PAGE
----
Quest doesn’t just allow you to work with individual components but also allows you to nest components into unlimited parents and so you can build robust and complex web pages and apps. When adding components inside other components and exporting the parent, Quest will export code that references each of those components accordingly so not only will it look correct, it will handle the correct code setup as well. At the core level, you’ll still need to import every component you want to be dynamic or reusable but it’s easy to create that structure and see how all things fit together.
Example Dashboard built with Quest using nested components
For example, this dashboard was built by combining several custom Figma components together such as the sidebar, the welcome card, the site views card, the location views card, the date picker, the events list and the table. Each of those inside this design are instances of a main component somewhere else in the design file. By exporting the entire design to Quest, the entire design will come through even if those components don’t exist yet in Quest. Each one of them will get a reference to the component in Figma and Quest will give it the reference when you export your code.
For example, say you want to export this dashboard first then later come back and set up the sidebar navigation system to have working links and rollovers. You aren’t locked into a particular flow, so you can export the dashboard first just to see how it will look as a working React component. Then you can go back and export your sidebar into Quest, set up props and bindings and export that code. Now that reference to a non-existent component does exist because everything is based on the source of truth which is the Figma file. So you’re free to work in whatever order you’d choose to, exporting the dashboard code first or the sidebar first or iterating on one or the other, it doesn’t matter. As long as you nest components properly in Figma, Quest will read that and set up the code correctly.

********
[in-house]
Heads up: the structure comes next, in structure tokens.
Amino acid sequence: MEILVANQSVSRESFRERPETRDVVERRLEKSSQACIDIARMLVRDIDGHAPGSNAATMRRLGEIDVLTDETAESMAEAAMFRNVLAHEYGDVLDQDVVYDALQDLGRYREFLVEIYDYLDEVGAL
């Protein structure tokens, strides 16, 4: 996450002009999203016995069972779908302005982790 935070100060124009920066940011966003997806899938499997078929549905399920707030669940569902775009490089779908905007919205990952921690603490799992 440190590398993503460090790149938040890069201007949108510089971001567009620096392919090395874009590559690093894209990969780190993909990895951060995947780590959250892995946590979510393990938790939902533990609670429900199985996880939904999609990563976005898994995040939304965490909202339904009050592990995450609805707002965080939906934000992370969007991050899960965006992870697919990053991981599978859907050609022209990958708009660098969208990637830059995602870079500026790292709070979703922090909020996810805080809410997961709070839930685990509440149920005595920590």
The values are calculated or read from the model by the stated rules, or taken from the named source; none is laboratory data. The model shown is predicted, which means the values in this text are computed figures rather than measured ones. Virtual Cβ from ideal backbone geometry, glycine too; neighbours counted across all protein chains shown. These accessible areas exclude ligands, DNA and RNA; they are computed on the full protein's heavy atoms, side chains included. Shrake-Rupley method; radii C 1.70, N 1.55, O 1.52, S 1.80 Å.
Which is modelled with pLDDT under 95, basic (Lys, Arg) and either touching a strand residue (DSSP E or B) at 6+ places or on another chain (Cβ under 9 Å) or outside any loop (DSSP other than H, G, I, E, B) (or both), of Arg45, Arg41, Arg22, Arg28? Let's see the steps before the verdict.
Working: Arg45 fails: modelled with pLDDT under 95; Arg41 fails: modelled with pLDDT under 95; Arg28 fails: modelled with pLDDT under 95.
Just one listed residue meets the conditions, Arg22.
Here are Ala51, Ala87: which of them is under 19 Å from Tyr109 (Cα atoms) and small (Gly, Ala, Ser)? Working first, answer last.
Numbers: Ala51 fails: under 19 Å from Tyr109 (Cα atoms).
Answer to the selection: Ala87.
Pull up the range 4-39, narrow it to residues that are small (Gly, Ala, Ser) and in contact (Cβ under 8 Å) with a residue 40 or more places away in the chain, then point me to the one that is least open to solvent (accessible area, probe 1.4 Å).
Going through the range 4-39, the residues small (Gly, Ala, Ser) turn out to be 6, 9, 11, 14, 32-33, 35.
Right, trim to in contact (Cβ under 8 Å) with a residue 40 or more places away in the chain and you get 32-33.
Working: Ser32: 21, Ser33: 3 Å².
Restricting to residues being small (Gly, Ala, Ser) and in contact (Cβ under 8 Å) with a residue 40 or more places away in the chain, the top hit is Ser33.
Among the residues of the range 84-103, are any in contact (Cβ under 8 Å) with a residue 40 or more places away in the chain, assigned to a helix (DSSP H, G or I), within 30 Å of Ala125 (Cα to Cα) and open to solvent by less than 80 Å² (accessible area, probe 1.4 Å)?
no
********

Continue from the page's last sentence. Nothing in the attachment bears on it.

One important thing to keep in mind while nesting is that in Figma, an instance of a main component can be changed with overrides, so you can make it visually different from the main component. However, this will not be honored in the code when you bring it into Quest and export the original state of the main component so if you need to make an edit to an instance, be sure that you understand that edit will not come through in the code.
In any component you can pass prop values for its nested components. In the nested prop values section you provide the list of prop value combinations that will be passed down to the nested component as indicated in the screenshot below: